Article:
A. Failover is all at once, but VMs do need to be reattached one at a time.

     Q. What about Cinder? Is unified object storage on SHV server the future of storage?

     A. This is a matter of opinion. We can’t give an unbiased response.

     Q. What about a “global file share/file system view” of a lot of Manila “file shares” (i.e. a scalable global name space…)

     A. Shares have disjoint namespaces intentionally. This allows Manila to provide a simple interface which works with lots of implementations. A single large namespace could be more valuable but would preclude many implementations.



    Block Storage in OpenStack Q&A

    June 10th, 2015

    The team at SNIA-ESF and I were very pleased with how many people attended our live “Block Storage in the Open Source Cloud called OpenStack.” If you missed it, please check it out on demand. We had several great questions during the live event. As promised here are answers to all of them. If you have additional questions, please feel free to comment on this blog.

    Q. How is the support for OpenStack, if we hit a roadblock or need some features?

    A. The OpenStack community has many avenues for contacting developers for support. The official place to report issues, file bugs or ask for new features is Launchpad. https://launchpad.net/openstack. It is the central place for all of the many OpenStack projects to file bugs or feature requests. This is also the location where every OpenStack project tracks its current release cycle and all of the features, called blueprints. Another good source of information are the public mailing lists. A good place to start for the mailing list is here, https://wiki.openstack.org/wiki/Mailing_Lists. Finally, developers are also on the public Internet Relay Chat channels associated with their projects. The developers are live and interactive, on each of the channels. You can find the information about the IRC system that OpenStack developers use here: https://wiki.openstack.org/wiki/IRC.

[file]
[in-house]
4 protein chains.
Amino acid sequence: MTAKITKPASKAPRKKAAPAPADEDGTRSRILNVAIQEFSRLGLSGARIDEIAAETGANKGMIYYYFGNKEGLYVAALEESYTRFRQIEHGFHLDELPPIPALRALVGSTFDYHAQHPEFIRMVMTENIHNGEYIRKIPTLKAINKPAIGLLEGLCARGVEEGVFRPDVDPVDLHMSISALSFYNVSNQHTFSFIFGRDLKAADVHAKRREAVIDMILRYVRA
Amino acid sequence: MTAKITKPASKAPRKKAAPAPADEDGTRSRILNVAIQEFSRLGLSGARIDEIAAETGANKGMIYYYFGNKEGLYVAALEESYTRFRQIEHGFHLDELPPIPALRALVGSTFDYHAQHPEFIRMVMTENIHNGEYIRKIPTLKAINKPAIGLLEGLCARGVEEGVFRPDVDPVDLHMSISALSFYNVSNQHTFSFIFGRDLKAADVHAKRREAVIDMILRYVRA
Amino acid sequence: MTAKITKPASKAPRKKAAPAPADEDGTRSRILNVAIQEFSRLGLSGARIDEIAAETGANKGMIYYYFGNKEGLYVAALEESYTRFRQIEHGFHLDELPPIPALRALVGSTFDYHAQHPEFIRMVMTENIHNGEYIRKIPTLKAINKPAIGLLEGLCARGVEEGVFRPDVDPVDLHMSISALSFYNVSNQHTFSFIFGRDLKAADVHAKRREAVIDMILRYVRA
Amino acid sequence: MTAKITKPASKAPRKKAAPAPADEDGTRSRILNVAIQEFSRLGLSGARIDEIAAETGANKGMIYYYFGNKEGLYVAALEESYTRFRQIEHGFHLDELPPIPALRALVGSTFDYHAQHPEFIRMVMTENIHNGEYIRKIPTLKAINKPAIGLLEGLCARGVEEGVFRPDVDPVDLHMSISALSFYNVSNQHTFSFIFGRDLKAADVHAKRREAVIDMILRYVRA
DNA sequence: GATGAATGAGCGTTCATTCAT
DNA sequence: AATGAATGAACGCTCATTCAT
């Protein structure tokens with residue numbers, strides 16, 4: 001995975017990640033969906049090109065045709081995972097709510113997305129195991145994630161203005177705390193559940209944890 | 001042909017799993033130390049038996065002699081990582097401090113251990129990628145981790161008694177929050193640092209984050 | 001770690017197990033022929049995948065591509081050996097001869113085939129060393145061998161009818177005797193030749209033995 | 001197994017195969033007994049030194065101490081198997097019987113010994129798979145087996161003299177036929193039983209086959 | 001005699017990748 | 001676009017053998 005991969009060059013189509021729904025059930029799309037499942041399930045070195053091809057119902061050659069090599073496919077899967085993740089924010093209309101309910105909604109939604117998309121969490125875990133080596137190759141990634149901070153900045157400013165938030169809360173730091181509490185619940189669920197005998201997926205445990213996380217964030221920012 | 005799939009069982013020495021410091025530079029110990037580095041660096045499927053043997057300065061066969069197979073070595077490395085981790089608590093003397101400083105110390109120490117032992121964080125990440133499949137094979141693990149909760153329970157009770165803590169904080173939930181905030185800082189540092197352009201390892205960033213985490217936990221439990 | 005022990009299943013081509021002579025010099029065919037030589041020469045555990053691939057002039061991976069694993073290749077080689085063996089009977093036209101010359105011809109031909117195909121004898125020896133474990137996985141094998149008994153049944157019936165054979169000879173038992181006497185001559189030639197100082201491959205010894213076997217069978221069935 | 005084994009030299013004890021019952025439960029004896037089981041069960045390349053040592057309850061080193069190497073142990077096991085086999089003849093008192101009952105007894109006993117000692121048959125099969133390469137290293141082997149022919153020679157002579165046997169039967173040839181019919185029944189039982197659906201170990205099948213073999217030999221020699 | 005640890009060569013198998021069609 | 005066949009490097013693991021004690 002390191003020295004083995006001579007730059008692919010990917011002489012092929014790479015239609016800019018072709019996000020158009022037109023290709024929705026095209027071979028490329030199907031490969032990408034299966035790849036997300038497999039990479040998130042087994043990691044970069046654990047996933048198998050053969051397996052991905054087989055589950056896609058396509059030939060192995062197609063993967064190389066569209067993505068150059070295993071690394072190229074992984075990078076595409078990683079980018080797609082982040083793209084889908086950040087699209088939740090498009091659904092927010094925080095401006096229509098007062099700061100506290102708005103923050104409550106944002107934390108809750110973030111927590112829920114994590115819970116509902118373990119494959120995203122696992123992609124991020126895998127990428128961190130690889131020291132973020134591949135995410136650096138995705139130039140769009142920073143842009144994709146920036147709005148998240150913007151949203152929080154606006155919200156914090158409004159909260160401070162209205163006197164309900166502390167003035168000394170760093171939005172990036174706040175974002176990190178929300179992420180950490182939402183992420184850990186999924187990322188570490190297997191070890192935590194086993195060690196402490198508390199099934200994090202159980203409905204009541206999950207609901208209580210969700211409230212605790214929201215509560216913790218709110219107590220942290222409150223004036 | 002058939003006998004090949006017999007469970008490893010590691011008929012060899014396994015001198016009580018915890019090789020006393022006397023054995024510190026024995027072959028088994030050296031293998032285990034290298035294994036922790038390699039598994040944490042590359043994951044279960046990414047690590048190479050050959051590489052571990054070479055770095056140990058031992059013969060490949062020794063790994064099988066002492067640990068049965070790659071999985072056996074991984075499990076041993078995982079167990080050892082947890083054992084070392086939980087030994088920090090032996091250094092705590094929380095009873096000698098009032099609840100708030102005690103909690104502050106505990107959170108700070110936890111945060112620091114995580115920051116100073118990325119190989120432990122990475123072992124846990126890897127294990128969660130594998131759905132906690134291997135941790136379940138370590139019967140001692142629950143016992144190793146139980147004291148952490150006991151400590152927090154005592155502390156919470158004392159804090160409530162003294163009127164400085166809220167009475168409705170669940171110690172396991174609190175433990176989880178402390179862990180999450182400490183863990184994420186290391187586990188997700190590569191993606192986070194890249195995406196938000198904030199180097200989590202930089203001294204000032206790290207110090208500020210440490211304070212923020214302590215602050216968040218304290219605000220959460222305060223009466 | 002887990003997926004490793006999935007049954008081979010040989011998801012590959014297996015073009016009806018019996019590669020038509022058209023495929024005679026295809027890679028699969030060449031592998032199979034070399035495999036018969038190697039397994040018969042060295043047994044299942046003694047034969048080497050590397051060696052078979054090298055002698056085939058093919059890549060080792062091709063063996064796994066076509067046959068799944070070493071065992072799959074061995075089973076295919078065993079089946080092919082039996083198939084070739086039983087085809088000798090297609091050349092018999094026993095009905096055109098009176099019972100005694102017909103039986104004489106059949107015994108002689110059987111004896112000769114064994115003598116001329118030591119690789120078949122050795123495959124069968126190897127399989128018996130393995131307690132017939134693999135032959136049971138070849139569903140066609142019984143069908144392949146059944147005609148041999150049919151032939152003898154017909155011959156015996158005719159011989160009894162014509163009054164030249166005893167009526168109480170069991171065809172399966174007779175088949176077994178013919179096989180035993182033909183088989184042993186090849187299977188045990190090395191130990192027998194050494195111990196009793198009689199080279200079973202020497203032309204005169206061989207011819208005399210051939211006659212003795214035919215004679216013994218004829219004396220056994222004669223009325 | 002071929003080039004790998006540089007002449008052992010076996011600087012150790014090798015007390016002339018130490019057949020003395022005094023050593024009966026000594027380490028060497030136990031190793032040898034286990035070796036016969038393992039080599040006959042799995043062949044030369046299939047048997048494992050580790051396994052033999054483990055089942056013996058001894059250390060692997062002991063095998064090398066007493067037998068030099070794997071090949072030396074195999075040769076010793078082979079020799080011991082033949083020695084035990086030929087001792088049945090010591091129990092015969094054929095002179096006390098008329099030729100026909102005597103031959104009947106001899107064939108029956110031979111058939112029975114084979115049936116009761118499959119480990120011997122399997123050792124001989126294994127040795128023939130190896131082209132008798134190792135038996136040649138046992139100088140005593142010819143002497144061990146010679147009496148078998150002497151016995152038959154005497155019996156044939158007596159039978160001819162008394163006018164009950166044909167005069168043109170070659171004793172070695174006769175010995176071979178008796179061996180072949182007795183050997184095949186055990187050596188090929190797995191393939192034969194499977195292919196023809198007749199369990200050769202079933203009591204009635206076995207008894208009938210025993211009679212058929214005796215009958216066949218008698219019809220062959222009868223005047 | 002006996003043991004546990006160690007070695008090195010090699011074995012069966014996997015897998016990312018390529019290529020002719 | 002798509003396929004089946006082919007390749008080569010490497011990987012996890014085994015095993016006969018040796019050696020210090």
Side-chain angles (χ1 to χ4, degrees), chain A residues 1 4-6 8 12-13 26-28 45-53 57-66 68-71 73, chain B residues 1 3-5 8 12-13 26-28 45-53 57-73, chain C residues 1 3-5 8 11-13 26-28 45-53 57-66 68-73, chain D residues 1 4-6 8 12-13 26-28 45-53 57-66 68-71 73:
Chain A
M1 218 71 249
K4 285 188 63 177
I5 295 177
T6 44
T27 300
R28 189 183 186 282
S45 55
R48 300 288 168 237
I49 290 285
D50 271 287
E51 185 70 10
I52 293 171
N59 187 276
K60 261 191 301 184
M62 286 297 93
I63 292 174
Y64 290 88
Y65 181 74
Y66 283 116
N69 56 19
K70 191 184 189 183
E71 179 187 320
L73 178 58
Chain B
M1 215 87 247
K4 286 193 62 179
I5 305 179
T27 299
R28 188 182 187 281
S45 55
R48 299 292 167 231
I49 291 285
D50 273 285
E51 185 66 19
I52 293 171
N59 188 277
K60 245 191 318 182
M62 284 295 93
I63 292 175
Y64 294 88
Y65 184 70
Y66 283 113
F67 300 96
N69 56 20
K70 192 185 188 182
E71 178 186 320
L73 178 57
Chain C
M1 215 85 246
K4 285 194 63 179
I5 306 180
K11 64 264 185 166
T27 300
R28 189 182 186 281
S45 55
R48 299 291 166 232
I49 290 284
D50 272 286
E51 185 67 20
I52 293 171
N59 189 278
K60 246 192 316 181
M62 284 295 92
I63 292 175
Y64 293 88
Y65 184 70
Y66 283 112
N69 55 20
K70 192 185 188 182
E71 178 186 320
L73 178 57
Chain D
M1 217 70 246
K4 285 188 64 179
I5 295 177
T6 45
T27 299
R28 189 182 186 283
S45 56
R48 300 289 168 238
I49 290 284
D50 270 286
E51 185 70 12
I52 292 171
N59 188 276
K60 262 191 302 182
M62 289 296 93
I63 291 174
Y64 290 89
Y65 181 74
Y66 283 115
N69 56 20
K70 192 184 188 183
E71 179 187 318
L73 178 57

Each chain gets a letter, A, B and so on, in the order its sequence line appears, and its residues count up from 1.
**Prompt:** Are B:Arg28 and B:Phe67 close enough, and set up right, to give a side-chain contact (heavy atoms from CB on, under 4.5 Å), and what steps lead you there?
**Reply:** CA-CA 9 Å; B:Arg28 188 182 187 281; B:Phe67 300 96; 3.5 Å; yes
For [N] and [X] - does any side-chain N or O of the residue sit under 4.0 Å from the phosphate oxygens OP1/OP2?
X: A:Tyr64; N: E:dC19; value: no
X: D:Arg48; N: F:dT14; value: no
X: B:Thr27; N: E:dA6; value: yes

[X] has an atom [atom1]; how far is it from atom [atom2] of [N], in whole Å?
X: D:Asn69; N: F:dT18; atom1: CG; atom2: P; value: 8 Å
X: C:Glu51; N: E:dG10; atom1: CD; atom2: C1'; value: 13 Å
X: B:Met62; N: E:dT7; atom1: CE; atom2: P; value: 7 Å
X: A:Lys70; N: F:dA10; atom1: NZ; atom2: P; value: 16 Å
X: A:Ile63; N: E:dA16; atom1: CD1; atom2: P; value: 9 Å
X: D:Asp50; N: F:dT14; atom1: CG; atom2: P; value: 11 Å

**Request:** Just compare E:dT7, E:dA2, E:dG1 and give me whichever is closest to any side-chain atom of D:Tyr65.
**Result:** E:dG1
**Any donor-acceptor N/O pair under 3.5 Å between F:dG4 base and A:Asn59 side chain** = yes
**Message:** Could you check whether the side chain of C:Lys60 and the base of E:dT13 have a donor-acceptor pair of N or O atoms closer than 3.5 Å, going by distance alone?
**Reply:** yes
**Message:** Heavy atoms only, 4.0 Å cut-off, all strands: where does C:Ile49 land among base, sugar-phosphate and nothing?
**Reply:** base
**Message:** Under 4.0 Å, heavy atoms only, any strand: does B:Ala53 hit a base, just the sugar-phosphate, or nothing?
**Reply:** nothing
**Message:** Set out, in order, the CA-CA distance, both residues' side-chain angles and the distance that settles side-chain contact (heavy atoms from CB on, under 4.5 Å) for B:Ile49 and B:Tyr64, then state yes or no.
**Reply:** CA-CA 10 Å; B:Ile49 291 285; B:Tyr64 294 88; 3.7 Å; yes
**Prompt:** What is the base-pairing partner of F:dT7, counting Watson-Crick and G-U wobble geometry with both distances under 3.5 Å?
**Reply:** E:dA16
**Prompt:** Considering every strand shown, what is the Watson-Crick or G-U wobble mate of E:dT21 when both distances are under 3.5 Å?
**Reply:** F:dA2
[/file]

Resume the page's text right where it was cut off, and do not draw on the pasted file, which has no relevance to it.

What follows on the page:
Q. Why was Python chosen as the programming language? Which version of Python is used as there are incompatibilities between versions?

    A. The short answer here is that Python is a great language for rapid development and deployment that is mature and has a wide variety of publicly available libraries for doing work. The current released version of OpenStack uses Python 2.7. The OpenStack community is making efforts to ensure that we can eventually migrate to Python 3.x. New libraries that are being developed have to be Python 3.x compatible.

    Q. Is it possible to replicate the backed up volumes at the OpenStack layer or do you defer to the back end array for data replication?

    A. Currently, there is no built in support for volume replication in Cinder. The Cinder community is actively working on how to implement volume replication in the next release Liberty, which will ship in the fall of 2015. As with any major new feature in Cinder, the community has to design the new feature core such that it works with the 40+ vendor arrays, in such a way that it’s consistent. As the array support grows, the amount of up front design becomes more and more important and difficult at the same time. We have a specification that we are currently working on that will get us closer to implementing replication.

    Q. Who, or what, creates the FC zones?

    A. In Cinder, the block storage project, the component that creates and manages Fibre Channel zones is called the Fibre Channel Zone manager. A good document to read up on the zone manager is here: http://www.brocade.com/downloads/documents/at_a_glance/fc-zone-manager-ag.pdf. The official OpenStack documentation on the zone manager is here: http://docs.openstack.org/kilo/config-reference/content/section_fc-zoning.html. The zone manager is automatically called after Cinder Fibre Channel volume driver exports its volume from the array. The zone manager then adds the zones as requested by the driver to make the volume available to the virtual machine.

    Q. Does the Cinder and Nova attachment process work over VLANs?